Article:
But the successes, which are potentially of much greater historic significance than the present difficulties, have included elections in Iraq and Afghanistan, a revolution in Lebanon followed by a Syrian withdrawal, nuclear disarmament in Libya, and steps toward democracy in color-coded revolutions in Europe and elsewhere. Podhoretz writes of his amazement about the charges that the Bush Doctrine had already failed in Iraq:
After all, Iraq had been liberated from one of the worst tyrants in the Middle East; three elections had been held; a decent constitution had been written; a government was in place; and previous unimaginable liberties were being enjoyed. By what bizarre calculation did all this add up to failure? And by what ever stranger logic was failure to be read into the fact that the forces opposed to democratization were fighting back with all their might?
The opposition and involvement of Al Qaeda, Iran and Syria were all indications that the Iraq conflict was no more a meaningless "civil war" without wider consequences than the Spanish Civil War in 1936 was simply a "civil war" without any implications for whether fascism would take over Europe.
Despite the global strategic threat, and the various global strategic successes in a short period of time, it was perhaps inevitable that an antiwar movement would emerge as the Iraq War continued, and Podhoretz is familiar with the dynamic from Vietnam:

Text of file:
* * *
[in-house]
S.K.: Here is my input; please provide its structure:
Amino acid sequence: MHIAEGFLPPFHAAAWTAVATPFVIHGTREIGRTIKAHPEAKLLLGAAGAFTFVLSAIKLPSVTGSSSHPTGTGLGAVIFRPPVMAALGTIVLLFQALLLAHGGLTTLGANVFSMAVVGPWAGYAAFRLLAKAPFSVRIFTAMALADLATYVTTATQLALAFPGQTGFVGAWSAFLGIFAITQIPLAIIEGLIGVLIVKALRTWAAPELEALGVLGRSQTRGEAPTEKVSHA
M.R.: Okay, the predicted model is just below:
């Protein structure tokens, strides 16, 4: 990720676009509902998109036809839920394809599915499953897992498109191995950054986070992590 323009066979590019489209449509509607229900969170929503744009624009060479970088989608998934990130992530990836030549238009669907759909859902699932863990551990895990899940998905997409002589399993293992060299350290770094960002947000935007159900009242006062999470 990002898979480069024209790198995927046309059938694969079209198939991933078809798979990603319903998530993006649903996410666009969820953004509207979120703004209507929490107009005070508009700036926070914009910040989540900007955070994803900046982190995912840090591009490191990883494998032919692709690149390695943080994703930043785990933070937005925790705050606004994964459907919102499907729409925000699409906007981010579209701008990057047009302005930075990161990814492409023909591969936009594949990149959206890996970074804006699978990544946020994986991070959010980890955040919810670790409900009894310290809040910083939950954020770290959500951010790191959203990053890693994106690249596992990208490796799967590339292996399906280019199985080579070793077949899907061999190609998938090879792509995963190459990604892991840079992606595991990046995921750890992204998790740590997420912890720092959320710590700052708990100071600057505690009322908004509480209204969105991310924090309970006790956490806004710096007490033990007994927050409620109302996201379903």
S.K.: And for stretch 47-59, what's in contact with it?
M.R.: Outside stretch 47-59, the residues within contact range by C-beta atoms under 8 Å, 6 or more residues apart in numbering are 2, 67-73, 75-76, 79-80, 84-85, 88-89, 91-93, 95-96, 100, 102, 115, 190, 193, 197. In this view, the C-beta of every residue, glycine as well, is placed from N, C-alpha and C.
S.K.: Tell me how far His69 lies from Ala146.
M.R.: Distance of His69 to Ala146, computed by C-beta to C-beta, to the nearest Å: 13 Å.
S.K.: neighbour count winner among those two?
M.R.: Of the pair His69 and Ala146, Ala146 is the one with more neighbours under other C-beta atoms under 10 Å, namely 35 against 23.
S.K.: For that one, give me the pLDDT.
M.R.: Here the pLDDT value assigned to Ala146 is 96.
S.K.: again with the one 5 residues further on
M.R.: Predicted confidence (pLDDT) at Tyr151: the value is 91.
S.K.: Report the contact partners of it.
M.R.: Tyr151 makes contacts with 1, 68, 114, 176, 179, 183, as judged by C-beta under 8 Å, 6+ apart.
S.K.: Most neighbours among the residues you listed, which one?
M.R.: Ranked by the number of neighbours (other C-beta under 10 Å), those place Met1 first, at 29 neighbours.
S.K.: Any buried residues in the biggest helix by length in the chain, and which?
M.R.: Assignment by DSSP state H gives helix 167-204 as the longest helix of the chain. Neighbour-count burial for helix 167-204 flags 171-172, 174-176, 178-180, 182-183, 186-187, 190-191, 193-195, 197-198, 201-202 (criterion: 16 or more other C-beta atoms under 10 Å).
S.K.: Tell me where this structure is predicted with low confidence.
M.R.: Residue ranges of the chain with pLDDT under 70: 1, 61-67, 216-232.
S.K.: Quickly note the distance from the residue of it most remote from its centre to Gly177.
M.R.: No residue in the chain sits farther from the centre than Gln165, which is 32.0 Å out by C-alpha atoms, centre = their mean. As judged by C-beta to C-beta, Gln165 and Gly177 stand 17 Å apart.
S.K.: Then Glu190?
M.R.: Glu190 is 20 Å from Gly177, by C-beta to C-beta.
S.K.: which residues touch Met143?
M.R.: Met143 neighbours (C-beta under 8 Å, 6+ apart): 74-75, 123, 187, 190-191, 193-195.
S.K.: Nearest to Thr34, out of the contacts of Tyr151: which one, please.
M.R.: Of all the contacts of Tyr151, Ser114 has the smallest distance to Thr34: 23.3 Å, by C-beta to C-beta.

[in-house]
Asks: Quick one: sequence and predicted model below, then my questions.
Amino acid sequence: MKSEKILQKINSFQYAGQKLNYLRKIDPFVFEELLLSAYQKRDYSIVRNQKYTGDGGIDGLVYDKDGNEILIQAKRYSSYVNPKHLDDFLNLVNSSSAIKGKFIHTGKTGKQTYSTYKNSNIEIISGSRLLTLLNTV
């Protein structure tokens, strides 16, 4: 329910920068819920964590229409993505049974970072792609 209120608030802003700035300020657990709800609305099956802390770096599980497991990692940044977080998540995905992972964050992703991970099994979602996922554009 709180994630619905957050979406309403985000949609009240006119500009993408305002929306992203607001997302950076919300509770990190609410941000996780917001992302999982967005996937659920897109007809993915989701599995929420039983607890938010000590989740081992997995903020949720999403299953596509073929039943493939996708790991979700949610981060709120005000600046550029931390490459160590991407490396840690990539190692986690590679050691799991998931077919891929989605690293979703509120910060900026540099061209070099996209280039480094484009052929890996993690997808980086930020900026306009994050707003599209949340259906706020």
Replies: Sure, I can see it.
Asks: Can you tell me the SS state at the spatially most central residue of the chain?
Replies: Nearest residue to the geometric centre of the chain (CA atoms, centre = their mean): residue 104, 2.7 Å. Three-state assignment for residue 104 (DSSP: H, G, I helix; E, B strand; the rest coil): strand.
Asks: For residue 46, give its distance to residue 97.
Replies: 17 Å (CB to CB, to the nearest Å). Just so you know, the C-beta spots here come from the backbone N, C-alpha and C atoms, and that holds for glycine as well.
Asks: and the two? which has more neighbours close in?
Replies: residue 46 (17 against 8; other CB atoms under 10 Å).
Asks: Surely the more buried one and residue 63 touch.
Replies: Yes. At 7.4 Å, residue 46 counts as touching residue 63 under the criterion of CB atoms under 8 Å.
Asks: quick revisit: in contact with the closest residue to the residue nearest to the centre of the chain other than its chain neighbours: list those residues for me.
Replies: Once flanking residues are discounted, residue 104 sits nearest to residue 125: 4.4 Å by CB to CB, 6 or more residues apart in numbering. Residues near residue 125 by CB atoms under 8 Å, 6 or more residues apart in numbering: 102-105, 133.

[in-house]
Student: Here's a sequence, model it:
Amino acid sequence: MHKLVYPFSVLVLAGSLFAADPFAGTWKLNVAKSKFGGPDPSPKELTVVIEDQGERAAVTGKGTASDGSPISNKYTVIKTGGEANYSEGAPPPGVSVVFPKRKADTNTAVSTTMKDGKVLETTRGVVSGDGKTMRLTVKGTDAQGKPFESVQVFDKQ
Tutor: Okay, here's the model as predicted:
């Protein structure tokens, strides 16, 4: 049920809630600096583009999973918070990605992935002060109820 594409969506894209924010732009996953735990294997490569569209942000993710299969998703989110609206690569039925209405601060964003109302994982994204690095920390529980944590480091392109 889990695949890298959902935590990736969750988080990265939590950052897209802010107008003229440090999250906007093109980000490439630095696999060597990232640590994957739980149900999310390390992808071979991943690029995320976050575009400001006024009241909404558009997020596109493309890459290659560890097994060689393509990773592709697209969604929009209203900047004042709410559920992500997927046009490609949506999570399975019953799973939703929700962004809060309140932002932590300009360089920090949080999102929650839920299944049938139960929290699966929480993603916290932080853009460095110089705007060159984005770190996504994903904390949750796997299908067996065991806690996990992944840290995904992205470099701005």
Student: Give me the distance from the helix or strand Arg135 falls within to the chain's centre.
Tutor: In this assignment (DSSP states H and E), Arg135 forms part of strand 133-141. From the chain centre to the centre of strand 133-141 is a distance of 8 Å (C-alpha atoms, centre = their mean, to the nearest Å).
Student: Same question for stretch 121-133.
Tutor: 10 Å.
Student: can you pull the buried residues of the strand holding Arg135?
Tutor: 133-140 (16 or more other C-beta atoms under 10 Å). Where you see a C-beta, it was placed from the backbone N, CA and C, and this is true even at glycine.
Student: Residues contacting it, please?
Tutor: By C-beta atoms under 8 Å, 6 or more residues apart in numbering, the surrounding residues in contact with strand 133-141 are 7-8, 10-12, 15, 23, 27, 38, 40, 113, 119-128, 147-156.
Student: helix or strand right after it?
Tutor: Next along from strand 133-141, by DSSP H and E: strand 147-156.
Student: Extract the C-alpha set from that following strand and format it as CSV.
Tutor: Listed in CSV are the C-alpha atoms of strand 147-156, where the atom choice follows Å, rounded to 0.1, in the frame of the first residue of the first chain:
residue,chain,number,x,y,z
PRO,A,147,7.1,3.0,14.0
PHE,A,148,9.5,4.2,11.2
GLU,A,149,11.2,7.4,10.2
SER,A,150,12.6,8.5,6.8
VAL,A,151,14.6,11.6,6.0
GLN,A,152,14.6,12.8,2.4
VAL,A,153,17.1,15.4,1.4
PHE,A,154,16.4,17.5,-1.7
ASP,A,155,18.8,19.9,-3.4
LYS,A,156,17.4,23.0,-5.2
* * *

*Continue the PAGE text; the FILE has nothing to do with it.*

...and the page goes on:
But even I never imagined that the new antiwar movement would so rapidly arrive at the stage of virulence it had taken years for its ancestors of the Vietnam era to reach. Nor did I anticipate how closely the antiwar playbook of that era would be followed and how successfully it would be applied to Iraq, even though the two wars had nothing whatever in common.
Backed by the mainstream media, there was a concerted effort to portray Iraq as another Vietnam: "a foolish and futile (if not immoral and illegal) resort to military power in pursuit of a worthless (if not unworthy) goal." But the charges of U.S. arrogance and rush to war were far from the truth:
[F]ar from being a nation of overbearing bullies, we were humbly begging for the support of tiny countries we could easily have pushed around. Far from being "unilateralists," we were busy soliciting the gratuitous permission and the dubious blessing of the Security Council before taking military action against Saddam Hussein. Far from "rushing into war," we were spending months dancing a diplomatic gavotte in the vain hope of enlisting the help of France, Germany, and Russia.
Equally absurd was the idea that trying to bring representative government to the Middle East was an attempt to change centuries of tradition or governmental structures cast in stone: